Many communities have leash laws for dogs. But is there a similar rule for cats? You may very well ask: Why would anyone want to restrict the freedom of a cat?
Actually, there are many reasons. At least, there are reasons to consider before allowing your cat out the door. However, this column will not discuss the large-scale effects that free-roaming cats may have on the ecosystem because there have already been numerous scientific discussions on the topic.
On a smaller scale, lets consider a neighborhood. In some areas, cats travel happily through fields – or even through city streets – rarely seen by a passing human. They may live an entire lifetime without coming home with an injury. Many outdoor cats appear to deliberately avoid other cats, whereas some cats play well with others.
Perhaps some wild critters may be killed. And there is certainly a risk that the free-roaming cat may himself become victim to wildlife or machinery. But by far, there are few complaints.
On the other side of the spectrum is the cat that travels where he is not wanted. He is let out his door, and instead of staying out of sight, he appears in the windows of neighbors – particularly those neighbors that live with cats of their own.
The consequences? It seems that just the sight of a cat outside the window can trigger a host of responses from an otherwise happy indoor cat. Some cats seem to enjoy the company. And a quiet, sensible – but less social – cat might simply choose a new resting place. Out of sight out of mind, so to speak.
But a bolder or less secure cat might choose to make a statement in another way – urine marking. The telltale sign would be evidence of urine deposited on vertical surfaces near particular windows. Some cats leave nothing to chance and spray near all windows and doorways. Its their way of saying: Keep out!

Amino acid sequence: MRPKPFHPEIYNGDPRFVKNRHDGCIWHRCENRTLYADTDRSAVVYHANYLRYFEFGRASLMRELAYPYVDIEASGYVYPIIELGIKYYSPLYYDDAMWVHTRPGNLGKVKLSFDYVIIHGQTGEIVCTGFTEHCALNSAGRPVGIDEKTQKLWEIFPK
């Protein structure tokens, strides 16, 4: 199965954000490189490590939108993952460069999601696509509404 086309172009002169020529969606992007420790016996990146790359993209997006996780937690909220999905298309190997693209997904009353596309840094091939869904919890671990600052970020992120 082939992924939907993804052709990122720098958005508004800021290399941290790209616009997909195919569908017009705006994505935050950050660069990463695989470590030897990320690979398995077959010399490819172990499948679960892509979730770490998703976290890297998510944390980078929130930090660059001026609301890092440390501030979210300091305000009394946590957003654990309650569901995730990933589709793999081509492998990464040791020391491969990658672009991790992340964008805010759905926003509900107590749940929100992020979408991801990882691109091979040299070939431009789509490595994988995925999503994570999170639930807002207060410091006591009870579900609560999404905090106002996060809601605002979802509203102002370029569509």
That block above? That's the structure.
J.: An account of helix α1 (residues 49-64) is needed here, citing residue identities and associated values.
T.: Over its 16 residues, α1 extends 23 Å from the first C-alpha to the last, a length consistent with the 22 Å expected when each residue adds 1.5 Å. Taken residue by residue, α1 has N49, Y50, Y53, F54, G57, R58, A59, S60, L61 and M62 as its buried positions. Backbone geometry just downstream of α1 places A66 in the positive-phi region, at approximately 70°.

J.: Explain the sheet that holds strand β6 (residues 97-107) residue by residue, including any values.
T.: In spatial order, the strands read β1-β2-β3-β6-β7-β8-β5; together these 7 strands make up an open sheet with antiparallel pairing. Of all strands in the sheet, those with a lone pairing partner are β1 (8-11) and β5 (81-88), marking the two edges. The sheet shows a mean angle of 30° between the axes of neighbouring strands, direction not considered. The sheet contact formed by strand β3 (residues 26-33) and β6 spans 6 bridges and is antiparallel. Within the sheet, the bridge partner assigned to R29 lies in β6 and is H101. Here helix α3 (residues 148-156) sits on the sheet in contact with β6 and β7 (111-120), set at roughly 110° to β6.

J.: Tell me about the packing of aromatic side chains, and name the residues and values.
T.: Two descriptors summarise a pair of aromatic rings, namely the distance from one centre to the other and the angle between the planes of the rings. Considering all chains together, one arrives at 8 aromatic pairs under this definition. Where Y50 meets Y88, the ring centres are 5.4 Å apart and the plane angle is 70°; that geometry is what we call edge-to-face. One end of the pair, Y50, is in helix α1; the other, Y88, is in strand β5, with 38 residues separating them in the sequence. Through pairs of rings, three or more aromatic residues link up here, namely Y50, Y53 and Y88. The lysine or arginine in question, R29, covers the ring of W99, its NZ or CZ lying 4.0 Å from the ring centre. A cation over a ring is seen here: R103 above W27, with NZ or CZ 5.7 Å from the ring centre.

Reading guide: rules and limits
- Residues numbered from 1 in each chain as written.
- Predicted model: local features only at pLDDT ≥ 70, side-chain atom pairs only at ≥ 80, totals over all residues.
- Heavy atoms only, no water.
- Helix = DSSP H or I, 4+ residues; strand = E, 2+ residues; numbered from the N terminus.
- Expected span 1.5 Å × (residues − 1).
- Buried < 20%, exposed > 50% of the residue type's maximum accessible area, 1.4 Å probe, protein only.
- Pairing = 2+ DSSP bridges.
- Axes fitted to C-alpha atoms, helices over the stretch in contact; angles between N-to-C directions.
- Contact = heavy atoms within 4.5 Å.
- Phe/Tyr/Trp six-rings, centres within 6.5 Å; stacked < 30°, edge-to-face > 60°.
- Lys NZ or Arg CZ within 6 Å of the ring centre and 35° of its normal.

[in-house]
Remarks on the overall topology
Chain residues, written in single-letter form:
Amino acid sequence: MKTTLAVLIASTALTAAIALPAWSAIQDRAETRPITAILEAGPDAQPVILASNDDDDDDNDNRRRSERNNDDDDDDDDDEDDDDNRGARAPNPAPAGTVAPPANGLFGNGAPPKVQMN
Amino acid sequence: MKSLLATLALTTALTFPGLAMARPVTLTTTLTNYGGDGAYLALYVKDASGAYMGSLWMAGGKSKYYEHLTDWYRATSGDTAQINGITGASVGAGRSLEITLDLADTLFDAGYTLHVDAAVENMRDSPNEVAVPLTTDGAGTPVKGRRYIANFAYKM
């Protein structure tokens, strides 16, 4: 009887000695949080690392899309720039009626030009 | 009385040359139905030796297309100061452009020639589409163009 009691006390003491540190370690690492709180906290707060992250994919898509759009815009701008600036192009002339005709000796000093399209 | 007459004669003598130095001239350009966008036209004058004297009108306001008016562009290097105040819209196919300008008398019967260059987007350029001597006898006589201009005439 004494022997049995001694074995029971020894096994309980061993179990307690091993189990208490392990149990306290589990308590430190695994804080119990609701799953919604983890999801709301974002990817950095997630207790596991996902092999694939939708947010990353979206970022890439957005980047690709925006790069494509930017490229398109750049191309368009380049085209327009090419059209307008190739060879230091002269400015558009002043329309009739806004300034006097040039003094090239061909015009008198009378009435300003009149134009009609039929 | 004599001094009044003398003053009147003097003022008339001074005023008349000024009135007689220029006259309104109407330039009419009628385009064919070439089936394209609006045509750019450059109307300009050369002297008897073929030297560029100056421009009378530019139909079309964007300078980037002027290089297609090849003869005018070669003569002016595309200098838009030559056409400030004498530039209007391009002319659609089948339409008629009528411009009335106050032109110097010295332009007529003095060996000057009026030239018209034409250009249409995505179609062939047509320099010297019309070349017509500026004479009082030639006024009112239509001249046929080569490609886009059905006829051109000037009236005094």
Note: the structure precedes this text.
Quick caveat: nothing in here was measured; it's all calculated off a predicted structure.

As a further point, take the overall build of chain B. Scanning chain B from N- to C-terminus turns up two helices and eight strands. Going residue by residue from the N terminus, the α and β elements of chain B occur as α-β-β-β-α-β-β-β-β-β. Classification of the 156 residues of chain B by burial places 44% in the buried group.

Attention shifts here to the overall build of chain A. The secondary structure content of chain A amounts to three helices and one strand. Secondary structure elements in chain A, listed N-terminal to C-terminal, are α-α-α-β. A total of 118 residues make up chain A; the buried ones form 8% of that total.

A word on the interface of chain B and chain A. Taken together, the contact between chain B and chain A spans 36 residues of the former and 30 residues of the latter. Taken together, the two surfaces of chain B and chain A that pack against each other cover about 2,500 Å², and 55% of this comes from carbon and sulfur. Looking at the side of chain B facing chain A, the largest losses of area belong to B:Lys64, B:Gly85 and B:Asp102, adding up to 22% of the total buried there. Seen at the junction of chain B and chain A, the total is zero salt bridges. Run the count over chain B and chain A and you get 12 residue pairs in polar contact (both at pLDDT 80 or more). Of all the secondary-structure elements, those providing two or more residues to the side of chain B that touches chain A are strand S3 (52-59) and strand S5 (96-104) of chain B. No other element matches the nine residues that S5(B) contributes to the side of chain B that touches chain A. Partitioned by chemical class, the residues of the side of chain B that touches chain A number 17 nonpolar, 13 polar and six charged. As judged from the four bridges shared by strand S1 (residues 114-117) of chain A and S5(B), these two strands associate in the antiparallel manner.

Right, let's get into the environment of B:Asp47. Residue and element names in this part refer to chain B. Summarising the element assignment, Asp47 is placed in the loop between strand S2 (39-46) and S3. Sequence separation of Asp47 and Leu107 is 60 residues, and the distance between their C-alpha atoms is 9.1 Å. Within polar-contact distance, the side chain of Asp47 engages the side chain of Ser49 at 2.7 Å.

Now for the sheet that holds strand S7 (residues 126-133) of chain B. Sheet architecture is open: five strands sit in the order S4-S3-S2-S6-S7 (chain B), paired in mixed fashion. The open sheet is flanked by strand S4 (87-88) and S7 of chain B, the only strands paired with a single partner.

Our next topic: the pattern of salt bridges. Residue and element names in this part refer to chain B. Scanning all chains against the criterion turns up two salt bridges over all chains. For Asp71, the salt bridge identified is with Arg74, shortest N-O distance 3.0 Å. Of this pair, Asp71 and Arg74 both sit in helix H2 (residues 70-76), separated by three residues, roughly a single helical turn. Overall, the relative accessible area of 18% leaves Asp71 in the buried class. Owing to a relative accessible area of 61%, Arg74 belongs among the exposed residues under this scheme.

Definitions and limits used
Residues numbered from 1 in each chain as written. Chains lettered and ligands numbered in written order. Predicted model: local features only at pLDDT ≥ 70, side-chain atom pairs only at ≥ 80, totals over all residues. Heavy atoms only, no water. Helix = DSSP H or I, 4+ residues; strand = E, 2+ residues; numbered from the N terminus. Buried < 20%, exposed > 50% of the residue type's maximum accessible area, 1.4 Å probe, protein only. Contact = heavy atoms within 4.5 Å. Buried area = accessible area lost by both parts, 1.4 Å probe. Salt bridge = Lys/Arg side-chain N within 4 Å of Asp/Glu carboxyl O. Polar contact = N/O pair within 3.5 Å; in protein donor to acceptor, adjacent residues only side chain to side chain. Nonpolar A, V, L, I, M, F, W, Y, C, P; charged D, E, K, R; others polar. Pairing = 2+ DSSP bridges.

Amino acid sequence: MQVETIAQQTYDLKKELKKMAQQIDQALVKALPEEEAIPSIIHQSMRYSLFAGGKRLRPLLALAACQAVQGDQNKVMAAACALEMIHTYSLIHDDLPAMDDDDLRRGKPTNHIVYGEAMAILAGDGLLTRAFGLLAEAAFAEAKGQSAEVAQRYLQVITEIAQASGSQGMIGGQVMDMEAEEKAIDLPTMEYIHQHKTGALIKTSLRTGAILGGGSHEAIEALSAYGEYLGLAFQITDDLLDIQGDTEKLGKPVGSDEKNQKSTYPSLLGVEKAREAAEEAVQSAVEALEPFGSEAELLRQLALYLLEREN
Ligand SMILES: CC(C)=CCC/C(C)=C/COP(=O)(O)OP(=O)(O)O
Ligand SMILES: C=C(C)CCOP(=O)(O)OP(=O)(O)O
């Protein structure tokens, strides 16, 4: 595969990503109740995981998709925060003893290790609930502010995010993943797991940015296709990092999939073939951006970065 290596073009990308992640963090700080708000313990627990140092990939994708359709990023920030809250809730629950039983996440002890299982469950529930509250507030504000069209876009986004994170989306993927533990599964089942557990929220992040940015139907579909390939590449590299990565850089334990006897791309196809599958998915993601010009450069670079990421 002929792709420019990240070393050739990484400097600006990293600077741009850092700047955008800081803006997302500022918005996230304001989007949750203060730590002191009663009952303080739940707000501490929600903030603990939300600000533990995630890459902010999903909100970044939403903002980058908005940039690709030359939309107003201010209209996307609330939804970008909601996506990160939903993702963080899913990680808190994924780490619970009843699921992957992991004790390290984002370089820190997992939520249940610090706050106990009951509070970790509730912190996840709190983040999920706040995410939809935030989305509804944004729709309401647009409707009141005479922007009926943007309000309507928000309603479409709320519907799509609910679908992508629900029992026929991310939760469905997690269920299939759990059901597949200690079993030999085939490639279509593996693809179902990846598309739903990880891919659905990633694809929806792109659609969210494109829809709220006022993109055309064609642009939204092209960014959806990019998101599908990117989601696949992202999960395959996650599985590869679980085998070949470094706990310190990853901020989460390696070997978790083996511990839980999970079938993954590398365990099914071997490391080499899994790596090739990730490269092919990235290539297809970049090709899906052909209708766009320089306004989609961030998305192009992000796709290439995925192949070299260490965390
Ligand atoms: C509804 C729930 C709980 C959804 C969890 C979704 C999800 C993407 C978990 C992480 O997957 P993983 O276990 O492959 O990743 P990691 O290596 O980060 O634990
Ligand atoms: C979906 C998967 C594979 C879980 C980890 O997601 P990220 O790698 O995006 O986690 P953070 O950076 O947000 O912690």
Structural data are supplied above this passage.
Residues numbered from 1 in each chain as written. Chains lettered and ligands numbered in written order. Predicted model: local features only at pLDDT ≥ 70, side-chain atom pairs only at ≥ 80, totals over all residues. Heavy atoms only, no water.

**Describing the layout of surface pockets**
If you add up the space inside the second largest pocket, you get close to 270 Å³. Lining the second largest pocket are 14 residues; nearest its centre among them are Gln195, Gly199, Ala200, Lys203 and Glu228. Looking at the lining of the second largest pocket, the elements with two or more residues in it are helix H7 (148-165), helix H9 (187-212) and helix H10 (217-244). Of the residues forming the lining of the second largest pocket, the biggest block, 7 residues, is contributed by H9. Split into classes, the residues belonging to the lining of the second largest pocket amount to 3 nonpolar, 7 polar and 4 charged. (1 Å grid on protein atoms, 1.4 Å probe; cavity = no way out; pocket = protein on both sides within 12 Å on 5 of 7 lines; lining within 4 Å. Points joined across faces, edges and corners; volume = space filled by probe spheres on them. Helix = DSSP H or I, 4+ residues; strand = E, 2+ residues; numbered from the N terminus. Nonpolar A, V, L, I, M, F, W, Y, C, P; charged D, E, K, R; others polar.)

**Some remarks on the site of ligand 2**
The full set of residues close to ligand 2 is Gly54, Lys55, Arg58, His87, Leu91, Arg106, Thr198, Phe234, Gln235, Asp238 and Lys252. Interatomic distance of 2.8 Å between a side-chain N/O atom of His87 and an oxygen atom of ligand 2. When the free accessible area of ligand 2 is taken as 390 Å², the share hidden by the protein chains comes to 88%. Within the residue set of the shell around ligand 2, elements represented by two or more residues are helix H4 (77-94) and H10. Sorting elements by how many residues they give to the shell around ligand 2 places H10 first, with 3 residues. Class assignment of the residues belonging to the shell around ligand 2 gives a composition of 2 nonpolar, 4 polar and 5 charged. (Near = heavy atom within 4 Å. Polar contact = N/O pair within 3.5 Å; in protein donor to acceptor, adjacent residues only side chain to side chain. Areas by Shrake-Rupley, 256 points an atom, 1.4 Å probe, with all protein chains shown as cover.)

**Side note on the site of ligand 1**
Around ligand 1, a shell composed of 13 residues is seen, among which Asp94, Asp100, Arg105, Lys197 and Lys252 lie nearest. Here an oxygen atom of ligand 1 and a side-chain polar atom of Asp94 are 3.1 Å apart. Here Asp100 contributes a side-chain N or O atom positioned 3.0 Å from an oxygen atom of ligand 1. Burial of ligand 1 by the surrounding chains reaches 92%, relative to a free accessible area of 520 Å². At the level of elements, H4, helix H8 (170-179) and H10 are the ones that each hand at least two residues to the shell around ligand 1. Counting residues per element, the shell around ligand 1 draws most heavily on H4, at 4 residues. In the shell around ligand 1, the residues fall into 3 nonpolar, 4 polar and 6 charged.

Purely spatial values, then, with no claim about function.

Fear Can Turn Into Aggression
Perhaps the most serious consequence of the presence of an intruder is aggressive behavior. Fearful cats in particular have been known to attack household cats, dogs and even people in response to the sight of a cat by a window.
Can anything be done? It does seem that a large number of the cats that peer into windows do have homes of their own. Therefore, it is certainly possible simply to speak to a neighbor. Describe your concerns and perhaps work out a time-sharing system so that your cat can be safely secured when the neighbors cat roams. Or perhaps your neighbor can set up a cat fence to keep his own pet safe in his own backyard while still enjoying the benefits of being outdoors.
Unless the visiting cat in question appears sickly or emaciated, you should not feed or attend to him. (That may be easier said than done for cat lovers.) Even a little food or attention can motivate this cat to continue to visit your home. But if the cat has a great home of his own, then this vacation home will become a treat for him while simultaneously disturbing the sensitive resident cats.
If all else fails, there are devices that are designed specifically to keep visiting animals from approaching too closely. Repellents that contain offensive odors may be applied near the house. These are not toxic to cats, but they do usually need to be applied on a regular basis. Another option is to place motion sensors outside certain windows in an attempt to teach the cat that he is simply not welcome here.
These sensors are designed not to harm the cat, but simply to create an unpleasant zone. Some devices emit a spritz of air, while others activate a stream of water. The feline visitor can make a choice – tolerate these minor discomforts or find another place to park. Be careful not to use a device that emits a loud sound lest the resident cats (or human neighbors) be disturbed.
For a more permanent solution, consider setting up a cat fence that keeps cats from entering certain areas of your property. Though not always the most aesthetically pleasing, fences are humane. They can be designed to protect windows and doors, or large areas like a backyard.
Obviously, we want to treat all cats fairly. There are many humane options that allow indoor resident cats, as well as outdoor travelers, to lead happy, peaceful and safe lives.